Further inhibiting the performance of environmental markets is the fact that they usually grow out of more traditional regulatory programs and often carry excess baggage as a result. As Robert Hahn (1990) noted, "In the real world, regulatory systems are rarely discarded and replaced wholesale. Rather, reform of regulatory systems proceeds in an incremental fashion." Hence, the earliest transferable rights programs in pollution are hardly identifiable as market-based systems at all. In some cases flexibility arises over time, but such evolution is not automatic. As Leonard Shabman and Paul Scodari argue in their paper in this series, the level of flexibility that has been introduced in the management of our nation's wetlands is so limited that the program can not even qualify as truly market based.
A Brief History of Environmental Markets
The development of the institutions needed to support transferable rights is more natural in some instances than in others. The buying and selling of water rights, which is centuries old, is a natural improvement over fights that inevitably arise over this scarce resource. As governments became more involved in resource management, however, they often created barriers to trades that made transactions more difficult. Government control of water, environmental regulations, and restrictions on the rights to use water often made water trading quite difficult. However, as Richard Howitt notes in his paper in this series, in recent years there have been efforts to encourage markets by modifying laws to facilitate trading. Fierce battles are still being fought, but pressed by rising scarcity, there has been substantial growth in water markets.
For pollution and environmental services, there is no natural tendency for markets to arise; the initiation had to come from the regulatory branch. In the 1970s, the US Environmental Protection Agency started down the path toward market-based instruments when it began introducing some flexibility into its air quality programs. The 1980s saw an expansion in the use of this tool: Trading was allowed as part of the rules that removed lead from refined gasoline and as part of the US approach to controlling chlorofluorocarbons. That decade also saw the development of a number of small-scale market-based programs to address water-quality: the Fox River program noted above, programs in Lake Dillon and Cherry Creek Reservoir in Colorado, and on the Tar Pamlico River in North Carolina. By the 1990s, the number and scope of market-based programs was expanding rapidly. The national SO2 program, started in 1990, has proven that a program can work in textbook-like fashion. California introduced an ambitious trading program in air pollutants, and water pollution programs have sprouted up around the nation.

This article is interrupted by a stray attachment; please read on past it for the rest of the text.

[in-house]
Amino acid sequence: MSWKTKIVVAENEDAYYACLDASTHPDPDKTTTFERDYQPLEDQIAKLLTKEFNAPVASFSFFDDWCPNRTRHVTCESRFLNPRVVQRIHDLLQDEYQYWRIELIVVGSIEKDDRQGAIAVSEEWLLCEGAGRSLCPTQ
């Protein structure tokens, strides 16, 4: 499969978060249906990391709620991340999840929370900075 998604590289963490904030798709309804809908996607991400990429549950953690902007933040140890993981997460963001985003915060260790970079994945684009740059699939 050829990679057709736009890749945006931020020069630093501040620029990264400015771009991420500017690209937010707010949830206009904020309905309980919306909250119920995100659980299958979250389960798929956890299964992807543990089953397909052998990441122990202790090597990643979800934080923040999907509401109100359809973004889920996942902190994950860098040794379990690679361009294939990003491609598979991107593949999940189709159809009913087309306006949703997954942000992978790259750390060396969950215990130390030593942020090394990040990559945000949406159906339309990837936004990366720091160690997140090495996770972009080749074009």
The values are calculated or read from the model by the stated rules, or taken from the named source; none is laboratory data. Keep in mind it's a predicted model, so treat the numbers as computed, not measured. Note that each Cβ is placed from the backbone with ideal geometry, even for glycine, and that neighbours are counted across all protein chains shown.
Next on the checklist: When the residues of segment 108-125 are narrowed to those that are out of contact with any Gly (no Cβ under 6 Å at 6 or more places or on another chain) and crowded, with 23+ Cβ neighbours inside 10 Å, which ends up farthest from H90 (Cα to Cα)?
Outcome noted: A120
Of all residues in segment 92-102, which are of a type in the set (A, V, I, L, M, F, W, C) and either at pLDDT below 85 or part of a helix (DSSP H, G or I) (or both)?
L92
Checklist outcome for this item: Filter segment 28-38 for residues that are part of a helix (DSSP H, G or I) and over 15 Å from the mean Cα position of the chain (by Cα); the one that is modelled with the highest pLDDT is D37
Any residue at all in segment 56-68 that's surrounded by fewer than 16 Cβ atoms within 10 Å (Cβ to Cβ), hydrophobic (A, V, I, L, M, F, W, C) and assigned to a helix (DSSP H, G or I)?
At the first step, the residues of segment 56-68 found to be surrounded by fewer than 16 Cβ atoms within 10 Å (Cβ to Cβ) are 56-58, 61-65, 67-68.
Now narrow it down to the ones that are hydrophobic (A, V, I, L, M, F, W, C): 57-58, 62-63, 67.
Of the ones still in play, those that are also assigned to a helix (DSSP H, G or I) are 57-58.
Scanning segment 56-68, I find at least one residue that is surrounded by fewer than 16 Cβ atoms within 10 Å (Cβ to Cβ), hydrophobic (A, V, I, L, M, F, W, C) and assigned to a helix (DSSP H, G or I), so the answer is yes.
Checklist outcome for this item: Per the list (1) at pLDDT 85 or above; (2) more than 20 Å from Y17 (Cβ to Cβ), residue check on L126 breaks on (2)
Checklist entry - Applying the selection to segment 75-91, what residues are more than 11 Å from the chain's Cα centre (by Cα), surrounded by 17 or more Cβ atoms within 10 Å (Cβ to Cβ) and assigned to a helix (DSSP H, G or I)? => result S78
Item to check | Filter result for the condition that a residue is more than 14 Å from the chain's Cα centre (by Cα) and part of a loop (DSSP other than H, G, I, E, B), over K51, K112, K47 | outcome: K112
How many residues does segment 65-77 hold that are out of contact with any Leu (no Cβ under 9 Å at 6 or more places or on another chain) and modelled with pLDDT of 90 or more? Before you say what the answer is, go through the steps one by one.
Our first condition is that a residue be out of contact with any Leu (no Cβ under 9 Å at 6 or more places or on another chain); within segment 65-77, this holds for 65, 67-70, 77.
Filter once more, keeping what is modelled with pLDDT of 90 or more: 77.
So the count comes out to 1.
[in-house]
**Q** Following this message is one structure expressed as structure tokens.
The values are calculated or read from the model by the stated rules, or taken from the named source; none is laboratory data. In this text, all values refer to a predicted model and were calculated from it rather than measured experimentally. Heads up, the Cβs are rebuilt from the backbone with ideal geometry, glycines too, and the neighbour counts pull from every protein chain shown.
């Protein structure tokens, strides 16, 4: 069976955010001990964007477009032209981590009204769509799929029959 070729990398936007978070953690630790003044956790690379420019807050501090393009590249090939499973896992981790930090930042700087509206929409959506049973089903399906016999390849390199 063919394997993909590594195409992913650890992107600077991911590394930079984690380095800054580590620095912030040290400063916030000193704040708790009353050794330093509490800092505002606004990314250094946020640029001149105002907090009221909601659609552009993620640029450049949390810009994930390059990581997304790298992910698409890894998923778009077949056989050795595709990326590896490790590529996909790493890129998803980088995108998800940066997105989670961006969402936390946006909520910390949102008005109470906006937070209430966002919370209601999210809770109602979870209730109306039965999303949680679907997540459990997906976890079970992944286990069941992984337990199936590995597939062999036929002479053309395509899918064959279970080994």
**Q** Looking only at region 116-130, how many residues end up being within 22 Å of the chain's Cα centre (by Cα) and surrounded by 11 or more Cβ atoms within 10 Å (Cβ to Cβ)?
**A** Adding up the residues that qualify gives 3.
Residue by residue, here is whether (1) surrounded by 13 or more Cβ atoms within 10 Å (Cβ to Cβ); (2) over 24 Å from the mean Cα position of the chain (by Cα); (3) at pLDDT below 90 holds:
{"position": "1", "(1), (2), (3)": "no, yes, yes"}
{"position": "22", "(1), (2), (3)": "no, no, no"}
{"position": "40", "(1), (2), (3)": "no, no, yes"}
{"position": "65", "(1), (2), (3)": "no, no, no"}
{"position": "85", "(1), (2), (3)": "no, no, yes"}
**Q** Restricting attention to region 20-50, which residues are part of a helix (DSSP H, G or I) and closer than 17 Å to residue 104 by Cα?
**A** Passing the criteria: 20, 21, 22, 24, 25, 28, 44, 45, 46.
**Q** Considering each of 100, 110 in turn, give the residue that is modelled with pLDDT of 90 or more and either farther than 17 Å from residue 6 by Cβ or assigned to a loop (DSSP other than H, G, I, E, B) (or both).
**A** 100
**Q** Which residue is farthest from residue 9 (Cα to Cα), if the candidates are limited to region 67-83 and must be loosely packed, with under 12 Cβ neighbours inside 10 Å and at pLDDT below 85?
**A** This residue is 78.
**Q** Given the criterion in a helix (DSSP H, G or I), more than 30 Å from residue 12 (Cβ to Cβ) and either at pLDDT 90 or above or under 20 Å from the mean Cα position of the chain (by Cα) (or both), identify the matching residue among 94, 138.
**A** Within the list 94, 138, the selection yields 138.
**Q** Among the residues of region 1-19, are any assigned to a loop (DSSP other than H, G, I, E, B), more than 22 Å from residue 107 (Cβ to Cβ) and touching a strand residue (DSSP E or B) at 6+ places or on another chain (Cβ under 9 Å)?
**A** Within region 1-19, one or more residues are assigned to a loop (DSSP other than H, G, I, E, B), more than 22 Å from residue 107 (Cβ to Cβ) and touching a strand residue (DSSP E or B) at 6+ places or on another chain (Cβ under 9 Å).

In addition, it appears that interest in market-based mechanisms is as strong as ever. In fact, it often appears today that when environmental policy is discussed in the US, market-based approaches are assumed desirable unless proven otherwise.
Why this Issue?
Today there are many proposed markets, and we can observe a number of successful and unsuccessful efforts. It is a good time to take stock of where we are. In this collection of articles, Choices explores the reality of environmental markets in the United States today. In this package of papers:
- Robert Stavins reviews the market for permits to emit sulfur dioxide, which is widely viewed as an enormous success;
- Richard Howitt and Kristiana Hansen look at the emerging markets for water in the West, where markets remain quite limited despite the fact that there seems to be great potential for gains from trade;
- Leonard Shabman and Paul Scodari look at wetlands mitigation banking, which, they argue, is so restricted that it is like any other offset program and cannot legitimately be called a market-based program; and
- Dennis King looks at the problem of water quality markets and finds that the potential in this arena has yet to materialize; and it may never do so unless government plays a stronger role.
What Do the Papers Tell Us?
A constant theme repeated throughout these papers is that details matter and the creation of markets for natural resources and environmental services is no small task. As we look to the future, it may be prudent to avoid exuberant predictions of huge economic benefits from trading. Although it is clear that these instruments will continue to be part of the policy landscape for years to come, they will also face challenges and setbacks, and markets may not be appropriate in every setting. Over time, market-based instruments may take a less prominent place in the policy mix, to be seen as one tool among many that can be used for improved management of the environment and natural resources.
For More Information
Crocker, T.D. (1966). The structuring of atmospheric pollution control systems. In H. Wolozin (Ed.), The Economics of air pollution
(61-68). New York: W.W. Norton & Co.
Dales, J.H. (1968). Land, water, and ownership. The Canadian Journal of Economics, 1(4), 791-804.
Hahn, R.W. (1990). Regulatory constraints on environmental markets. Journal of Public Economics, 42, 149-75.
Stavins, R.N. (1998). What can we learn from the grand policy experiment? Lessons from SO2 allowance trading. Journal of Economic Perspectives, 12, 69-88.